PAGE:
Vaccinia immunization, as given to prevent the spread of smallpox, produces a five-fold reduction in HIV replication in the laboratory. Researchers writing in the open access journal BMC Immunology suggest that the end of smallpox vaccination in the mid-20th century may have caused a loss of protection that contributed to the rapid contemporary spread of HIV.
Raymond Weinstein, a family doctor turned laboratory scientist at George Mason University, Manassas, Virginia, USA, worked with a team of researchers from George Washington University and UCLA. The researchers looked at the ability of white blood cells taken from people recently immunised with vaccinia to support HIV replication compared to unvaccinated controls. They found significantly lower viral replication in blood cells from vaccinated individuals. Weinstein said, "There have been several proposed explanations for the rapid spread of HIV in Africa, including wars, the reuse of unsterilized needles and the contamination of early batches of polio vaccine. However, all of these have been either disproved or do not sufficiently explain the behavior of the HIV pandemic. Our finding that prior immunization with vaccinia virus may provide an individual with some degree of protection to subsequent HIV infection suggests that the withdrawal of such vaccination may be a partial explanation".
Smallpox immunization was gradually withdrawn from the 1950s to the 1970s following the worldwide eradication of the disease, and HIV has been spreading exponentially since approximately the same time period. Weinstein and his colleagues propose that vaccination may confer protection against HIV by producing long term alterations in the immune system, possibly including the expression of a certain receptor, CCR5, on the surface of a person's white blood cells which is exploited by both viruses. Speaking about the results, Weinstein said, "While these results are very interesting and hopefully may lead to a new weapon against the HIV pandemic, they are very preliminary and it is far too soon to recommend the general use of vaccinia immunization for fighting HIV".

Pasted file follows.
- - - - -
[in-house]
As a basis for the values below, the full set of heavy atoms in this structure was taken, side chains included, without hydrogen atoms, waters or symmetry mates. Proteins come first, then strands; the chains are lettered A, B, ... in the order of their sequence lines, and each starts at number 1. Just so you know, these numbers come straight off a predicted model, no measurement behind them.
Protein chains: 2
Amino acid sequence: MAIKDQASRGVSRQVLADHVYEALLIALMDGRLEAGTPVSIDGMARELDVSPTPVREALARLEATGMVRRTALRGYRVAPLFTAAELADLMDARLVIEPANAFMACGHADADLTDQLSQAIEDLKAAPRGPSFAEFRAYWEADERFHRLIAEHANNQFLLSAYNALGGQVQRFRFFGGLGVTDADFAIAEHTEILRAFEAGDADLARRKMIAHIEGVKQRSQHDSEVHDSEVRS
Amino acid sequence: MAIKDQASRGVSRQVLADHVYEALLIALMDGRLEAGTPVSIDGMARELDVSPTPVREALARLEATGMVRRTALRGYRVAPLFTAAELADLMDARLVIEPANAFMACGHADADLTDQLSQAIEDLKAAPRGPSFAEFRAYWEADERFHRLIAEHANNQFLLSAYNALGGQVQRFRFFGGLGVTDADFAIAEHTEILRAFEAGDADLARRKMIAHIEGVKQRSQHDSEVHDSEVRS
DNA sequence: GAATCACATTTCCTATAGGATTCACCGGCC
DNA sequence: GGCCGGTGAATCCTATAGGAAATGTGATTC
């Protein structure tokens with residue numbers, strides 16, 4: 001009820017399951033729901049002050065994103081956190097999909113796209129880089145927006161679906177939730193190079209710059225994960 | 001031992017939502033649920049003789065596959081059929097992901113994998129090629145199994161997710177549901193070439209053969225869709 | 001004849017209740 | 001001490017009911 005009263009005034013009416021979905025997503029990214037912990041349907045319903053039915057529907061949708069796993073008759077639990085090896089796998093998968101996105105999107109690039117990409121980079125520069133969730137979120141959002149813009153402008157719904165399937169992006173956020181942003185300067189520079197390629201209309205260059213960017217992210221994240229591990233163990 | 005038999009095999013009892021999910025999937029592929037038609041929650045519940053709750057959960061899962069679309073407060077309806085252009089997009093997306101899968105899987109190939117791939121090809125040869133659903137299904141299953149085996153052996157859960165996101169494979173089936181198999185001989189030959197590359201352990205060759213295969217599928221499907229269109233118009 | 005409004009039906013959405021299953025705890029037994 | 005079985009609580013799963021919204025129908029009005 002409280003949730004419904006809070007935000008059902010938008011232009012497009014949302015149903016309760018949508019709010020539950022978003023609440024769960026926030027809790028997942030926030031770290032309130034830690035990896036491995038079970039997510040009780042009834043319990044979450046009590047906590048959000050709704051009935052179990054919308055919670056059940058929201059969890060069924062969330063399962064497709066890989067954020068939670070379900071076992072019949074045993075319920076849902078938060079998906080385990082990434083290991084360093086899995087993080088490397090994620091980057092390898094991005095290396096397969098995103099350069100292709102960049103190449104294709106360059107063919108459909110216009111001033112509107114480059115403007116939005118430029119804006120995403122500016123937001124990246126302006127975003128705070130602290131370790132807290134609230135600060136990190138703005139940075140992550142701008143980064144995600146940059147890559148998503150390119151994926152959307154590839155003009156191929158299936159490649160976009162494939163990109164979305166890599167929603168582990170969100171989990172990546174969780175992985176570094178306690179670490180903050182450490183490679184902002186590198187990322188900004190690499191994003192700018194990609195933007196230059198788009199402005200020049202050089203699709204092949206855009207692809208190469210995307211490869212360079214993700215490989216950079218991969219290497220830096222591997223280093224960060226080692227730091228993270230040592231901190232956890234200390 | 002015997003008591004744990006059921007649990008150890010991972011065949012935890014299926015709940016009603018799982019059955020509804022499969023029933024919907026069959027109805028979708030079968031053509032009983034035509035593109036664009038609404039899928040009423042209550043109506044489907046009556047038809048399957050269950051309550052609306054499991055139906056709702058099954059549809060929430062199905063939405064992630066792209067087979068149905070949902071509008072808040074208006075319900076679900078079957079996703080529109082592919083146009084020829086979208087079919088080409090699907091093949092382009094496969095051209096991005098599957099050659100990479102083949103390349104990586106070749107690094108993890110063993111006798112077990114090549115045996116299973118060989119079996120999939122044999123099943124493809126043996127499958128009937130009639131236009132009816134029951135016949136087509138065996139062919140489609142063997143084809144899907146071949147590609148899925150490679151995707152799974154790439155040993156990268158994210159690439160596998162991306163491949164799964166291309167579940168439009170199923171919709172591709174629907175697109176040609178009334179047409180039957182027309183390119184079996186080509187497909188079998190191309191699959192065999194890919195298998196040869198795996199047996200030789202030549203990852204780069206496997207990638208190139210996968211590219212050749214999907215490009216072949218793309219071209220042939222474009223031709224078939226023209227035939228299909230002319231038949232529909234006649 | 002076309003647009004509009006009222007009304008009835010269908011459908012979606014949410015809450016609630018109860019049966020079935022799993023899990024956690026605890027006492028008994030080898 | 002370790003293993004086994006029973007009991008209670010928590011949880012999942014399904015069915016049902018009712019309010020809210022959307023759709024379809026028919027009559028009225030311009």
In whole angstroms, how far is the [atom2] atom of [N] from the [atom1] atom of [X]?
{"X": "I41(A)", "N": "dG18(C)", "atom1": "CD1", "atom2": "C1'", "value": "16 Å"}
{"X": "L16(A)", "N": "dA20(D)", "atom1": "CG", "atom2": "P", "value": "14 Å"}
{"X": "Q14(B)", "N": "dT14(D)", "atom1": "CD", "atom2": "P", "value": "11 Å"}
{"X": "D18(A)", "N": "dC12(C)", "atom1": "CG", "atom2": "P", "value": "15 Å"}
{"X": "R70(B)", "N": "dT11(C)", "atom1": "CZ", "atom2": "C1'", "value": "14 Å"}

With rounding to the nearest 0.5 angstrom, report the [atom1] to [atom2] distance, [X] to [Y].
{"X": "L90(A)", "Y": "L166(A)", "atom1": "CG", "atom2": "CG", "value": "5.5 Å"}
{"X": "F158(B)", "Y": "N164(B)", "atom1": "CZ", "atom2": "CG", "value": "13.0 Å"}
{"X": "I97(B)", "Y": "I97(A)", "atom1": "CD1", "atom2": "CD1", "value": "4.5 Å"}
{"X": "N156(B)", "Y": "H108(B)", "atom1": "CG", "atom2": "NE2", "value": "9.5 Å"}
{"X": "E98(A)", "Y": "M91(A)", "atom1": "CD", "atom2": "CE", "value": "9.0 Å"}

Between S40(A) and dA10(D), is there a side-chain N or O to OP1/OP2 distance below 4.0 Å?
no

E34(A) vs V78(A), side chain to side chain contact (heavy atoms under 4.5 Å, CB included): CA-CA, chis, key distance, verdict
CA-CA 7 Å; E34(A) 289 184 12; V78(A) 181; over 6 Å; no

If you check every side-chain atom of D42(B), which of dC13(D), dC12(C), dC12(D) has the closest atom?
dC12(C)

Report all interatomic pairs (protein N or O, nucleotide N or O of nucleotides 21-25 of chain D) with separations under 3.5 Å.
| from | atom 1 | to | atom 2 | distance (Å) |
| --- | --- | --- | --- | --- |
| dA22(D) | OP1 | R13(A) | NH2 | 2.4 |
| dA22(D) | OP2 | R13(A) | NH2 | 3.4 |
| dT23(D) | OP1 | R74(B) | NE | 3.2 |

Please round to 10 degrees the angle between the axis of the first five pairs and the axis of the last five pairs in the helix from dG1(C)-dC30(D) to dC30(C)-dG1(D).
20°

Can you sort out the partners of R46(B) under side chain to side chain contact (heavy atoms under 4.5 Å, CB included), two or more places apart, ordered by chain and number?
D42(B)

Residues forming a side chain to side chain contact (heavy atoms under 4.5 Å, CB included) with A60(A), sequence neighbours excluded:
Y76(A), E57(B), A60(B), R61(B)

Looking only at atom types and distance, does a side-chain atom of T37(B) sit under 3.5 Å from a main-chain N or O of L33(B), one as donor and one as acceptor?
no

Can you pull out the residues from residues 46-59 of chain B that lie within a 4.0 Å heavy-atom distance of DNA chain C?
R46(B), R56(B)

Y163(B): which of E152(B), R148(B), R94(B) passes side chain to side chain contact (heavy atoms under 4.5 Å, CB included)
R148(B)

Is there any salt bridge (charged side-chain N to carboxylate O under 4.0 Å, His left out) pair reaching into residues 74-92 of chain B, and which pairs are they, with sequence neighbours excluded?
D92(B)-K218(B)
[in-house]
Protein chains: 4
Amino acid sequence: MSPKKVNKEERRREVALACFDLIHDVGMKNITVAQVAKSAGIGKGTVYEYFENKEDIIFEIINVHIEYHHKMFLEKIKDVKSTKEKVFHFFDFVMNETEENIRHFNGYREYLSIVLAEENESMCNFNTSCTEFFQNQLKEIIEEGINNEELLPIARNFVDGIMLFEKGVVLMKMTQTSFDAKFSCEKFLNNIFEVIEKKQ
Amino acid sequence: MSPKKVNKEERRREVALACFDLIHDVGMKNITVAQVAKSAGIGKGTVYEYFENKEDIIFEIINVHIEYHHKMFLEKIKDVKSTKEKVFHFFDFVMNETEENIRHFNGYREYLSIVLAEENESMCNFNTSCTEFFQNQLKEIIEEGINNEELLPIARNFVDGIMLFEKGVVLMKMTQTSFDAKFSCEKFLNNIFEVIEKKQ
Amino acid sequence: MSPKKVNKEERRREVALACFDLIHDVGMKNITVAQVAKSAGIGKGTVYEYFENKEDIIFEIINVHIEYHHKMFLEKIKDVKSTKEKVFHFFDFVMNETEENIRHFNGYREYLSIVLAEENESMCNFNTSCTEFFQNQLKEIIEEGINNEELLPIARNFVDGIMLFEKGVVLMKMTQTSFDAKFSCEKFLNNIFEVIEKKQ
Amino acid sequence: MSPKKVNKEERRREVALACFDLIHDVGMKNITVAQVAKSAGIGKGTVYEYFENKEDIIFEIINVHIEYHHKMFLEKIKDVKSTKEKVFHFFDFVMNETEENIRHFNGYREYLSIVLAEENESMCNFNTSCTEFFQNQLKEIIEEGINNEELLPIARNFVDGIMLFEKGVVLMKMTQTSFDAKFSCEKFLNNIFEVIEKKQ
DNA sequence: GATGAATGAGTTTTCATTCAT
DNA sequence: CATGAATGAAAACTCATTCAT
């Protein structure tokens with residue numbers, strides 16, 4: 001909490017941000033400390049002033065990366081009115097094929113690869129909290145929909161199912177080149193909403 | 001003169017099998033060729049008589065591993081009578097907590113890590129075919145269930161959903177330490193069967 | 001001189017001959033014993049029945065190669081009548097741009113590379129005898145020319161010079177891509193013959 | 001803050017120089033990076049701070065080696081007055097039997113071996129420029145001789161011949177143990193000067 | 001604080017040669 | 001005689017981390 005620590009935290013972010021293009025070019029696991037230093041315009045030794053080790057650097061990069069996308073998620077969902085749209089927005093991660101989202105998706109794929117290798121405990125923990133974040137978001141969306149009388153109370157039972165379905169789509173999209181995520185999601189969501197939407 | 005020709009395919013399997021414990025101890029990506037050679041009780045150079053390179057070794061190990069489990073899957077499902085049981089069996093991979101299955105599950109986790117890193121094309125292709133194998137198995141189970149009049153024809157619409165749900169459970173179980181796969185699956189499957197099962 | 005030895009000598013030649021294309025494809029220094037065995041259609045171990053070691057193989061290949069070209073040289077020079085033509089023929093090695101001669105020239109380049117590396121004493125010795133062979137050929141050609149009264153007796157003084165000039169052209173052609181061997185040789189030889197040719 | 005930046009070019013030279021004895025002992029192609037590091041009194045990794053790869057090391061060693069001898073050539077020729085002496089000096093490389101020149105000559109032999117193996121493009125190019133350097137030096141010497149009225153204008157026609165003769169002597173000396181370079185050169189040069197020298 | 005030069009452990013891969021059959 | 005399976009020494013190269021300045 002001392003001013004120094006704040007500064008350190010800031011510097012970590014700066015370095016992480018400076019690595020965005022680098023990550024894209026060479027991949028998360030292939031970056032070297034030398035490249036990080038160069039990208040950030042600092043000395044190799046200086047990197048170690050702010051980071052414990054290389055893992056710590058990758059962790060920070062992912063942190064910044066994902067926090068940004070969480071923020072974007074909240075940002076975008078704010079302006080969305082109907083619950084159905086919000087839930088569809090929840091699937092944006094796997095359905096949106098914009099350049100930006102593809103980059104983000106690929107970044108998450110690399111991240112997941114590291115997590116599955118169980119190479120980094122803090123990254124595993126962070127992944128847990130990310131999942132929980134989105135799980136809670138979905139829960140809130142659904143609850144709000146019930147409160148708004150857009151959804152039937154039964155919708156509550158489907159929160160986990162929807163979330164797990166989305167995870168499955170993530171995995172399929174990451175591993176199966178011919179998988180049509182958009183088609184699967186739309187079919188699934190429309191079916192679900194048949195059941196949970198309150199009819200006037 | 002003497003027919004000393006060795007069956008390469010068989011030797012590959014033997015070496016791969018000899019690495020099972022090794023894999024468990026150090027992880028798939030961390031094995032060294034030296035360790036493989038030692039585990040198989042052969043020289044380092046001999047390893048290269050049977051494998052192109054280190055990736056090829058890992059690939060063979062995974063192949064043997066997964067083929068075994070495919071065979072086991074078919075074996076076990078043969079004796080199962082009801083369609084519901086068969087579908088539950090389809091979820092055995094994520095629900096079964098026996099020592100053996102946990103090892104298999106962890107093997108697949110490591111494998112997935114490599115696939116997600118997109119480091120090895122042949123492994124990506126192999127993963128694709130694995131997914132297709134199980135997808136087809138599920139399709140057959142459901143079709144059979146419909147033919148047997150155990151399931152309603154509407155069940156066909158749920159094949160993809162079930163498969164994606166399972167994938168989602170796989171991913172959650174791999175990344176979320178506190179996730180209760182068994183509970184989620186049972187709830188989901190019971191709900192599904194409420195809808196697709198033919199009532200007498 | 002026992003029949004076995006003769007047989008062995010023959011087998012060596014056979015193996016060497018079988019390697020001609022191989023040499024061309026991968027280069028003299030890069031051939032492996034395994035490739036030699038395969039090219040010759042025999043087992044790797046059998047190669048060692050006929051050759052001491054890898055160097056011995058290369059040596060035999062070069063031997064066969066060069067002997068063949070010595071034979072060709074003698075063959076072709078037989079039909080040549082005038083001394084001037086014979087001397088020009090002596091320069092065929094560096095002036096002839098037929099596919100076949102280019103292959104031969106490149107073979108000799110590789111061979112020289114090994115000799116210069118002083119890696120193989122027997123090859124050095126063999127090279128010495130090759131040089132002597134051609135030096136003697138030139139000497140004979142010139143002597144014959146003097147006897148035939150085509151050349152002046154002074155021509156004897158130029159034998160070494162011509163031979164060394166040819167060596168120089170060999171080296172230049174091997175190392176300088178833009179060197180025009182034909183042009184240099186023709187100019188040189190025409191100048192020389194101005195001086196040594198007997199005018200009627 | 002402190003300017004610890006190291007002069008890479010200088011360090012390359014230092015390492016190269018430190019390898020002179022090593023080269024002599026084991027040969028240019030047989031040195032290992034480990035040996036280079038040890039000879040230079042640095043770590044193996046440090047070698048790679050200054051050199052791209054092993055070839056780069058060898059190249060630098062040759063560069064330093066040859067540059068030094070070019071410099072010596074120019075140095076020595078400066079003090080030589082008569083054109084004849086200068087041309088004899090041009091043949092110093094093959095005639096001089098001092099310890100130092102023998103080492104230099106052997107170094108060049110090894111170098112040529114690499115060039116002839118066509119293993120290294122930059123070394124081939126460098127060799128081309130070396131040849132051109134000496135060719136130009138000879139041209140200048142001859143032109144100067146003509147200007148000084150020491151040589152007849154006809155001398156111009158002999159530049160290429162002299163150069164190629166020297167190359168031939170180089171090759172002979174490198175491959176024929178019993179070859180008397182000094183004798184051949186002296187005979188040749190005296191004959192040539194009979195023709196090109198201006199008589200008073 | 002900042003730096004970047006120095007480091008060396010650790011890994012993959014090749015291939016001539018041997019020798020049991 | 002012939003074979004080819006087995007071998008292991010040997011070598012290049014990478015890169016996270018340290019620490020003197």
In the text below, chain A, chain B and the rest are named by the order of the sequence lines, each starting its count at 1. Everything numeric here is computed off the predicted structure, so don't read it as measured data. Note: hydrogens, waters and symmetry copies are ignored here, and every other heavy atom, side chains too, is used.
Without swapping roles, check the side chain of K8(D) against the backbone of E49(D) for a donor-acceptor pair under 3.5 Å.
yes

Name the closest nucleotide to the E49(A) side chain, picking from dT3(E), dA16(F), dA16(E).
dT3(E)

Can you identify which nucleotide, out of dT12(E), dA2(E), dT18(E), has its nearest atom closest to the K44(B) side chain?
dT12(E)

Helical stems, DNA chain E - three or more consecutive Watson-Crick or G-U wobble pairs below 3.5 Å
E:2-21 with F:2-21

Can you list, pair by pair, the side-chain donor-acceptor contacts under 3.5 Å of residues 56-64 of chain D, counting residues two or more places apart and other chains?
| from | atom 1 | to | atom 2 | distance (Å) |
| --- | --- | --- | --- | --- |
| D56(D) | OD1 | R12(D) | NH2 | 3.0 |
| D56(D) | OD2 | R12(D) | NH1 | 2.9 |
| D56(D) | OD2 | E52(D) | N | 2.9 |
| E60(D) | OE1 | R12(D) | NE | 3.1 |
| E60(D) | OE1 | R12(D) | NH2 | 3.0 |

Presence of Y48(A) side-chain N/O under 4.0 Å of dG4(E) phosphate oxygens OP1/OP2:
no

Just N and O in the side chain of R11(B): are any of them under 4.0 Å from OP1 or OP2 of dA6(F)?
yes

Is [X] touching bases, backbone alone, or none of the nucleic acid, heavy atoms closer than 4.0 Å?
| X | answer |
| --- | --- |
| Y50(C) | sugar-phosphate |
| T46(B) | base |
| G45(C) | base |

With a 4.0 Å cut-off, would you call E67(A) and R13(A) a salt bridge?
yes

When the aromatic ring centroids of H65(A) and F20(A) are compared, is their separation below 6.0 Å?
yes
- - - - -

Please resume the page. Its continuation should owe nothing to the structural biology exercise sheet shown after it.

Notes to Editors
- Significantly Reduced CCR5-tropic HIV-1 Replication in vitro in Cells from Subjects Previously Immunized with Vaccinia Virus
Raymond S Weinstein, Michael M Weinstein, Kenneth Alibek, Michael I Bukrinsky and Brichacek Beda
BMC Immunology (in press)
During embargo, article available here: http://www.
biomedcentral. com/ imedia/ 1059058911315787_article. pdf?random= 246213
After the embargo, article available at the journal website: http://www.
biomedcentral. com/ bmcimmunol/
Please name the journal in any story you write. If you are writing for the web, please link to the article. All articles are available free of charge, according to BioMed Central's open access policy.
Article citation and URL available on request at email@example.com on the day of publication.
- BMC Immunology is an open access journal publishing original peer-reviewed research articles in molecular, cellular, tissue-level, organismal, functional, and developmental aspects of the immune system. BMC Immunology (ISSN 1471-2172) is indexed/tracked/covered by PubMed, MEDLINE, BIOSIS, CAS, EMBASE, Scopus, CABI, Thomson Reuters (ISI) and Google Scholar.
- BioMed Central (http://www.
biomedcentral.) is an STM (Science, Technology and Medicine) publisher which has pioneered the open access publishing model. All peer-reviewed research articles published by BioMed Central are made immediately and freely accessible online, and are licensed to allow redistribution and reuse. BioMed Central is part of Springer Science+Business Media, a leading global publisher in the STM sector. com/